Ravaged by a plague of injuries, the 2013-14 season in the National Basketball Association has been a particularly agonizing one for players and fans alike, with some feeling the hurt more than others, in part due to the effects of another eight-month transcontinental season schedule that pulls no punches.
The championship-contending Oklahoma City Thunder saw point guard Russell Westbrook return from a knee injury sustained last year only to re-injure the same knee after a handful of games. Long-term knee injuries to Derrick Rose, Rajon Rondo, Marc Gasol and Eric Bledsoe have drastically redefined the season goals of the Bulls, Celtics, Grizzlies and Suns, respectively. Even the usually dominant Los Angeles Lakers have seen serious injuries wreak havoc on half their roster, including all-time stars Kobe Bryant and Steve Nash, to the point where they oddly didn’t have five eligible players to finish last night’s game against the Cleveland Cavaliers. Al Horford, Deron Williams, Brook Lopez, Danilo Gallinari, Chris Paul; the list goes on, and it seems no team is safe.
With so many – especially non-contact – injuries occurring to some of the world’s most fit athletes, perhaps it has something to do with the league’s grueling 82-game regular season schedule. From preseason to the Finals, the NBA runs from October through June and it’s not uncommon for players to play four games in five nights or five games within a week.
So when the inevitable fatigue sets in from this eight to nine month, cross-country endeavor, tired offensive cuts and defensive slides result in compensation injuries, where weaknesses force over-reliance on other parts of the bodies. Not to mention a culture of masculinity and profit model that encourages individuals to play hurt or rush back from injury.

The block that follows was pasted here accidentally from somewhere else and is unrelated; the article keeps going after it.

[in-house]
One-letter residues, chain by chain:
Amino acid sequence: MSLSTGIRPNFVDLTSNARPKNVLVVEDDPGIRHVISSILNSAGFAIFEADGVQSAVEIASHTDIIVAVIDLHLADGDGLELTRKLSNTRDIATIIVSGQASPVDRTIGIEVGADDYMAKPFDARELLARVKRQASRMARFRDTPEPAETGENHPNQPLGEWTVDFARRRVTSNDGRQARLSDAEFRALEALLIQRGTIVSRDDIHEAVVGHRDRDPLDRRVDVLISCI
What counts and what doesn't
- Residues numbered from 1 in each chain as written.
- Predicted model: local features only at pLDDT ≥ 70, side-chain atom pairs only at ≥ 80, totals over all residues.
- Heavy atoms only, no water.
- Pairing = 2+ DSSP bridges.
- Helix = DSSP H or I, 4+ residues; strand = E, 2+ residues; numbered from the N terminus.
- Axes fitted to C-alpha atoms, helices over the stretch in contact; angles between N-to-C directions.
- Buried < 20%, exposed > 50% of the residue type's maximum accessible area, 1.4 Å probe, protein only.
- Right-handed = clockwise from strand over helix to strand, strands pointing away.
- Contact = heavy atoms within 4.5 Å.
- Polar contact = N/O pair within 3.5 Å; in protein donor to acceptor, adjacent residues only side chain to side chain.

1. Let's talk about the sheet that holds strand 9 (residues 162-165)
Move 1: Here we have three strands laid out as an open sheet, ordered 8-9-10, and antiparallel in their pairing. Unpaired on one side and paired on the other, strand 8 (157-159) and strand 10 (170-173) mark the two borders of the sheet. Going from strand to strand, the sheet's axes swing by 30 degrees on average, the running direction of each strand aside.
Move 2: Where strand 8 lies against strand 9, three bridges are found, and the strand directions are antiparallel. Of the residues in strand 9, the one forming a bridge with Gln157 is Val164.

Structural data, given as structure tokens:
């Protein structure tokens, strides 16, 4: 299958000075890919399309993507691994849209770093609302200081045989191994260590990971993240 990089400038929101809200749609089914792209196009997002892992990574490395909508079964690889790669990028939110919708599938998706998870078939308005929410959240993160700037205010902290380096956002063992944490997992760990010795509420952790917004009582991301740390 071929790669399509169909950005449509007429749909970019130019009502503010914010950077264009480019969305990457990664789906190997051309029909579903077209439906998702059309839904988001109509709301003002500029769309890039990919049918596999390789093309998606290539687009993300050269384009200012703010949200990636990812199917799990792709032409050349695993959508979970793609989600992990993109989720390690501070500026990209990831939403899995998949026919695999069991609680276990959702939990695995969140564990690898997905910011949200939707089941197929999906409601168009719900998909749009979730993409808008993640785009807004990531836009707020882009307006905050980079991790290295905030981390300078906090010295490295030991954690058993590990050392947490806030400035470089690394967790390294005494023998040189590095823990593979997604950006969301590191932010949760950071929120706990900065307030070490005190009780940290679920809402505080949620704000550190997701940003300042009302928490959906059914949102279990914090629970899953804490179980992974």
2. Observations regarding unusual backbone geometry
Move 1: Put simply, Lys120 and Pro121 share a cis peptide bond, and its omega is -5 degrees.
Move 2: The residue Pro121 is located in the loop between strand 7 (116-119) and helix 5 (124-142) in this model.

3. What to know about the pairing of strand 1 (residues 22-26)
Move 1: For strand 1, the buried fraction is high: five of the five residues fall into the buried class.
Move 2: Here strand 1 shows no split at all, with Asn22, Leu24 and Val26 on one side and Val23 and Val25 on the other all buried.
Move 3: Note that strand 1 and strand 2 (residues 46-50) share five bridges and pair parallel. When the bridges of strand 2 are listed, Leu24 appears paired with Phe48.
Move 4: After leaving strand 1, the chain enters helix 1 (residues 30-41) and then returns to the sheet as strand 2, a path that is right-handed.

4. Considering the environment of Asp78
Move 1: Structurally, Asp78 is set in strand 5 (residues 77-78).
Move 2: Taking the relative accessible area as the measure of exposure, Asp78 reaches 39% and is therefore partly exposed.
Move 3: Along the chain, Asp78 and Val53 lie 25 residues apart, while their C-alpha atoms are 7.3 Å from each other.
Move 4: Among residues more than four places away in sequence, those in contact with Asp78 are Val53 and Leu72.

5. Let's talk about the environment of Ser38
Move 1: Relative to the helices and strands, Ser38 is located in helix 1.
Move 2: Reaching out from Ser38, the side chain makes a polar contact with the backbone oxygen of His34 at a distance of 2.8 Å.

So why have such a tenuous schedule at the physical expense of players and, transitively, the psychic expense of fans? More overall games mean more televised games, which means larger TV contracts, which means larger league profits. Though individual NBA players and games may suffer, the league and its owners can still squeeze out the maximum amount of revenue from partnerships with networks – admittedly, this does ultimately benefit many players as well, in the ability of owners to offer larger salaries.
NBA players, coaches and writers have all said a shortened season spread out among the same time period would benefit the game. More time for rest and practice in between games would raise the quality of the NBA product when the teams do take to the hardwood. Consequently, ticket-purchasing fans actually get their money’s worth, rather than bear witness to players tiredly walking the ball up the court. The league saw the reverse effect during lockout shortened seasons, in terms of quality of play, when games were crammed into a tighter time period and players were exhausted by the diminished time for rest between games and travel, in a league that already suffers from a lazy regular season reputation. So logically, more rest would result in higher-energy, more competitive games, as well as fewer injuries.
Not only would more rest benefit the players and the in-game product, but a 58-game schedule in which all teams played each other once at home and once away (ala the British Premier League) would produce a more meritocratic result, compared to the current format in which teams play each other differing amounts depending on their division, resulting in differing strengths of schedule.
Ultimately, a less demanding schedule, whether just 58 games or 66 or 78, would benefit the health of NBA players, the quality of regular season games and ultimately produce a fairer result. In lieu of the recent epidemic of injuries, it stands to be seen if the league will lend a sympathetic ear to these calls.